Apart from being a mentor to other women on one-on-one basis, encouraging them to revitalize or start small enterprises, Pushpawathi also leverages her leadership role in WRDS and other CBOs to multiply the impact of knowledge transferring process. Those platforms have enabled Pushpawathi and others who underwent training and mentoring to reach out to as many women as possible. Already, Pushpawathi has given leadership to organize several trainings for other women in WRDS and other CBOs.
“After our training, WRDS organized women into small groups to facilitate them to obtain small loans and other facilities from the government, non-government and private partners,” she says. “we initiated a small loan scheme with the 78,000LKR savings we have in our account. I also helped connect women with the BRIDGE market. It is an opportunity for all producers to earn better incomes by selling their products to BRIDGE market customers.
Pushpawathi says violence and physical abuse used to be, until recently, one of the main issues faced by the women in their community. Gender sensitization, gender equality and other basic awareness they received during ToT training has enabled the eight ToT participants from their community to work with other women, and also men, who underwent Male Champions training to reduce the frequency of violence against women.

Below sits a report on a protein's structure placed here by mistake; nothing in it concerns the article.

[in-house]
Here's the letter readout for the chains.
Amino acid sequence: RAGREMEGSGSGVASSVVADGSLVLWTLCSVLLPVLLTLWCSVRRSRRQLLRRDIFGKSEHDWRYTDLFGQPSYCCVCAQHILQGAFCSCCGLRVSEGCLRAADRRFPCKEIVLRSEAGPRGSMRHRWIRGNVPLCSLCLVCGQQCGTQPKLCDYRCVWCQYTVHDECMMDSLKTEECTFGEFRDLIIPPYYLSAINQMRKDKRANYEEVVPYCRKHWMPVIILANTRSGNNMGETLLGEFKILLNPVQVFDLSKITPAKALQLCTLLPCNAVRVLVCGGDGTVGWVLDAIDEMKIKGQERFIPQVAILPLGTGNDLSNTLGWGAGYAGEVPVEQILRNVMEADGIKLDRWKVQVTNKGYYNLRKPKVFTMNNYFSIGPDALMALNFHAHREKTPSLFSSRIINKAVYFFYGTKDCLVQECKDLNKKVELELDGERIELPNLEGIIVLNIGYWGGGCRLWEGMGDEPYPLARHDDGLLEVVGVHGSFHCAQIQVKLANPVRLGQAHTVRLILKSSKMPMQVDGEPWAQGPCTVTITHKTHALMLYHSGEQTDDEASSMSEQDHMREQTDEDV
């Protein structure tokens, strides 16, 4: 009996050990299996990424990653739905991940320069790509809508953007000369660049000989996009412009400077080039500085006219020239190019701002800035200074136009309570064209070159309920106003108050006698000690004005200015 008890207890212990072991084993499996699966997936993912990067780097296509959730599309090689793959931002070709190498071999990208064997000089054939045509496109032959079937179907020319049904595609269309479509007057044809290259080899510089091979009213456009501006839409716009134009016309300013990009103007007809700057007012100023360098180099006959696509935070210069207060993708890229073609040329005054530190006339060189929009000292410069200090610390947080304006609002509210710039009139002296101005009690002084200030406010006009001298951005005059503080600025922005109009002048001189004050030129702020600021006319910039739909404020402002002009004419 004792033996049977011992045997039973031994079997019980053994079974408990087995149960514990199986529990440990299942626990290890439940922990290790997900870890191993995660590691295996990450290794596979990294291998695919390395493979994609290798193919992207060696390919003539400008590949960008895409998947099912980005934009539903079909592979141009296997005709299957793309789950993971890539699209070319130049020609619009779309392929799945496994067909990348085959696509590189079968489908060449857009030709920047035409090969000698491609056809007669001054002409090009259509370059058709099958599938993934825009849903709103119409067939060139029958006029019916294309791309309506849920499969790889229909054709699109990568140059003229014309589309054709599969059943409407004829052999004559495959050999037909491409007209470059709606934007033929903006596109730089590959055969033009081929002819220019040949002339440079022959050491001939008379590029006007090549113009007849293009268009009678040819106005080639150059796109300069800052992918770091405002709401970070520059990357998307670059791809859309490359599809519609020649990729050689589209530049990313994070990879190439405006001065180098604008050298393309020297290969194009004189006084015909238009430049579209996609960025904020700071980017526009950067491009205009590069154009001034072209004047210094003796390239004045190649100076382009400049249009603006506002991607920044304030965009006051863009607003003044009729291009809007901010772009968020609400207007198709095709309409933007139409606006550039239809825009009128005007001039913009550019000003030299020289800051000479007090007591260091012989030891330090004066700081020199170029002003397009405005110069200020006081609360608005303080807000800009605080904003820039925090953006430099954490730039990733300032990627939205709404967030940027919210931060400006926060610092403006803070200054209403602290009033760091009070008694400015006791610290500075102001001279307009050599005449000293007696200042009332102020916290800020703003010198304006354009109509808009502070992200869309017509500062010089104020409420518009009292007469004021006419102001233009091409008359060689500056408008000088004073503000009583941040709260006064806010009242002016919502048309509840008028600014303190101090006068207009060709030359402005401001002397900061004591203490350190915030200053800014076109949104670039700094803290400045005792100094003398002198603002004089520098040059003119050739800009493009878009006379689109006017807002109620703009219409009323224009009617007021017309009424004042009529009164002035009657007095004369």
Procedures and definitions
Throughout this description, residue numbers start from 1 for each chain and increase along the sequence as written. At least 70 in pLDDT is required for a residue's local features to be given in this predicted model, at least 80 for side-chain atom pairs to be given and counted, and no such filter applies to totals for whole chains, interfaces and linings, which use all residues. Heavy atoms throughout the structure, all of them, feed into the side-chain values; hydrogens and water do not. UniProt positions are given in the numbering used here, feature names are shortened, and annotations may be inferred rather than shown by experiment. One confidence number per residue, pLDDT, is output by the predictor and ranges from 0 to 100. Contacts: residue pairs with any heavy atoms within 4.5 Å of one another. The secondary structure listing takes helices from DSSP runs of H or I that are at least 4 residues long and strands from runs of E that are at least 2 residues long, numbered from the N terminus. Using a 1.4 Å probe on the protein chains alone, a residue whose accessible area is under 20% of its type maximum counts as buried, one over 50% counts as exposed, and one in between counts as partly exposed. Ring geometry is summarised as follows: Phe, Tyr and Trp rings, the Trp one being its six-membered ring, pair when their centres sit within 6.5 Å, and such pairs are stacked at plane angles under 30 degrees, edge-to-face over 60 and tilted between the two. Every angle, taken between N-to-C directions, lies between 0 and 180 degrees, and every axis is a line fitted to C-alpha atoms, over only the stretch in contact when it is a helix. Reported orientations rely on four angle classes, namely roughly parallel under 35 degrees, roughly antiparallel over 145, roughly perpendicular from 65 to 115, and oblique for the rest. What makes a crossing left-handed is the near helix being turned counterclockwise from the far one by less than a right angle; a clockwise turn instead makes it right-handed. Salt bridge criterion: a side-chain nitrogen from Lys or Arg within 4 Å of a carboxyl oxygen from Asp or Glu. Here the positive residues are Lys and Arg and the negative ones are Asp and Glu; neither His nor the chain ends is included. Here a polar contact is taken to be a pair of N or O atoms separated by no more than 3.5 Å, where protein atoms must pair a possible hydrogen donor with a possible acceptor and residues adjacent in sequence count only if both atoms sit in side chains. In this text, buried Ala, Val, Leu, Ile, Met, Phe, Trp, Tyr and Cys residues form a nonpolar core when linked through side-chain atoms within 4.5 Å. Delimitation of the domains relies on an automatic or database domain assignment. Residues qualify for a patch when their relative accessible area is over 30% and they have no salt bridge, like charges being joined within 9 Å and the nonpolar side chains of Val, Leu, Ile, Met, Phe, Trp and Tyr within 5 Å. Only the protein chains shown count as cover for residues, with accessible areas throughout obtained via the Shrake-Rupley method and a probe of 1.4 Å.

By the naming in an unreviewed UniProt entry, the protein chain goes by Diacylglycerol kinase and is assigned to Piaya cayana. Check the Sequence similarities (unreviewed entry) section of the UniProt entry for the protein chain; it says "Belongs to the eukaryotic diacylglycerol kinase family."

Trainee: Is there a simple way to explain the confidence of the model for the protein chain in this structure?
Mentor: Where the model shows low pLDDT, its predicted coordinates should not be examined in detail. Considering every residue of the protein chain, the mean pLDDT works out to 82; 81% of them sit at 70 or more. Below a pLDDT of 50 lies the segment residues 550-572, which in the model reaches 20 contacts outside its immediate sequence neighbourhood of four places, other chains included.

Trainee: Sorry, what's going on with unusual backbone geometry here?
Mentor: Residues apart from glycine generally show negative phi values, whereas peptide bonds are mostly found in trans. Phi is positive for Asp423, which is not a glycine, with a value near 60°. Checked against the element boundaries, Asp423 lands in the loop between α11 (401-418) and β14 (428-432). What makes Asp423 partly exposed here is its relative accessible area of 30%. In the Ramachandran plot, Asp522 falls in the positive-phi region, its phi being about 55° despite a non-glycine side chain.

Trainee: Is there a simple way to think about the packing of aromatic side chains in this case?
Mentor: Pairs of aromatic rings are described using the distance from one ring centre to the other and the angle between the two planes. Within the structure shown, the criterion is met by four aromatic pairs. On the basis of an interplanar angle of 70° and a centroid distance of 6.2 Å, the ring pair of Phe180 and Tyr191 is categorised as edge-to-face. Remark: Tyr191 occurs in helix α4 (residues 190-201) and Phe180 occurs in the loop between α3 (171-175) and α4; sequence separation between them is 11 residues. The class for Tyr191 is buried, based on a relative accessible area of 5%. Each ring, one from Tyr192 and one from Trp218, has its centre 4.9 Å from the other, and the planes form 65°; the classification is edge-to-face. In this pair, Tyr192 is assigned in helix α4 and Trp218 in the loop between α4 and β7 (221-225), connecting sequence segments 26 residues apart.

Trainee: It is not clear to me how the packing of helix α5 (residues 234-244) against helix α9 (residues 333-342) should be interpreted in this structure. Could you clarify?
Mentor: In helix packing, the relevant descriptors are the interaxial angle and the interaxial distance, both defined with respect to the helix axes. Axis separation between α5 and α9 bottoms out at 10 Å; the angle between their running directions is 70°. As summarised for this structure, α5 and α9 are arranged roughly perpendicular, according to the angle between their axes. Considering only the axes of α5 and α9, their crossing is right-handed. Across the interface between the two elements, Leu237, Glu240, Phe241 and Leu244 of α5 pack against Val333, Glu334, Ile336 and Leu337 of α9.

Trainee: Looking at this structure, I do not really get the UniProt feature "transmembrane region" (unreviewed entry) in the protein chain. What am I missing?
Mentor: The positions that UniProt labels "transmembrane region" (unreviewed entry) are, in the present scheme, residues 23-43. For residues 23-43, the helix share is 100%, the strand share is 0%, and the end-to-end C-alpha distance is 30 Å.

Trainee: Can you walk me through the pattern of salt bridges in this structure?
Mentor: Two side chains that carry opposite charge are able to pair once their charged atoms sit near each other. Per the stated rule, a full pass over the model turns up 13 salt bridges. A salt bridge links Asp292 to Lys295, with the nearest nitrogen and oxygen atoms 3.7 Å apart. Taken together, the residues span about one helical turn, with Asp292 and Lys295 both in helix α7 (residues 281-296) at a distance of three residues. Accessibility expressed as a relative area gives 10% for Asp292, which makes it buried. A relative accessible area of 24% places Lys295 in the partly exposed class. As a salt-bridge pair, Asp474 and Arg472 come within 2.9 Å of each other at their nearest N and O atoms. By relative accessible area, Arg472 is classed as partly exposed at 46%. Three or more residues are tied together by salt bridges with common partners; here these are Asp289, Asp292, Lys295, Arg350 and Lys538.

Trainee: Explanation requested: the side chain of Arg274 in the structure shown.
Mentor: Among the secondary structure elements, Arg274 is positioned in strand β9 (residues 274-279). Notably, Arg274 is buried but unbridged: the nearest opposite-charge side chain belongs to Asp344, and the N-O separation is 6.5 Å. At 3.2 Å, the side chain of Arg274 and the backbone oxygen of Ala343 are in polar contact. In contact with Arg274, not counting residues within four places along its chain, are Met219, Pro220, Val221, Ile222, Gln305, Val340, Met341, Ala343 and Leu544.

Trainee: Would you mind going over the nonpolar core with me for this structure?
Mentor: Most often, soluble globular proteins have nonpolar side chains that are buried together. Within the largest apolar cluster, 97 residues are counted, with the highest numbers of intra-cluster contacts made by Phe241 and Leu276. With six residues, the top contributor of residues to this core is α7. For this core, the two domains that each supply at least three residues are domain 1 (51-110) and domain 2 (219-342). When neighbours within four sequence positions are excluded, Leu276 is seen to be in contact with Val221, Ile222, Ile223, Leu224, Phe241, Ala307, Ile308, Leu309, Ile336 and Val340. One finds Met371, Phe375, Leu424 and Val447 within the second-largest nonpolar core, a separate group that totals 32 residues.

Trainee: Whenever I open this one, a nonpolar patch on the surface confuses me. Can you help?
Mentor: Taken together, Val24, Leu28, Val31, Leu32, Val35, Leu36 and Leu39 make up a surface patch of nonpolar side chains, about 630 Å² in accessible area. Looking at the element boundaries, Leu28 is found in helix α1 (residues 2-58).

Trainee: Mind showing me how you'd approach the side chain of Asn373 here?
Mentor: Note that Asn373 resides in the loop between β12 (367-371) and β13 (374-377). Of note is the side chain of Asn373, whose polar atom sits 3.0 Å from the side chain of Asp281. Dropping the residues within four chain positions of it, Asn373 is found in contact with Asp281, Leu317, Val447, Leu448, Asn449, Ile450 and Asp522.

“We conducted awareness programs on assault, torture, and abuse,” Pushpawathi says. “We informed women how to seek help from Grama Sevaka (Village Administrative Officer) and local police, in addition to reaching out to ToT participants and other women leaders. Since male leaders that took part in male champions training also got to know how and why women face violence and abuse and how to reduce the occurrence of such incidents, all our efforts have led to a reduction in violence against women. It was a step-by-step learning and knowledge sharing process; change did not happen overnight.”
Enhanced economic circumstances have enabled Pushpawathi to spend money on her children’s basic needs, and also, save money for their future needs in three separate bank accounts. Up to now, she has made savings of 4500LKR in each child’s account by depositing 500LKR every month. She has insured herself and is in the process of acquiring life insurance for her three children. She has obtained a bank loan of 100,000LKR to pay the down-payment for a lease to buy a motorbike for her husband, which he uses for business activities. Already, Pushpawathi has paid half of that loan.
“Earlier, I had no idea about insurance, and I did not earn enough to save money in children’s accounts. I opened those accounts after I started my rice and flour mill. We were trained to think and make financially viable decisions to improve our economic situation. I would not have had the means or confidence to go for a big loan if not for all the assistance and training I got from Project Direct.”
Pushpawathi has a steady stream of customers patronizing her rice mill. But, plans are already underway to expand her business by starting a shop in a convenient location where she has already laid the foundation for her shop. She is hoping to complete construction of the shop and open it for business sometime next year. The confidence that she got from knowledge infusion has proven to be as crucial as machinery support in building her capacity to achieve economic prosperity.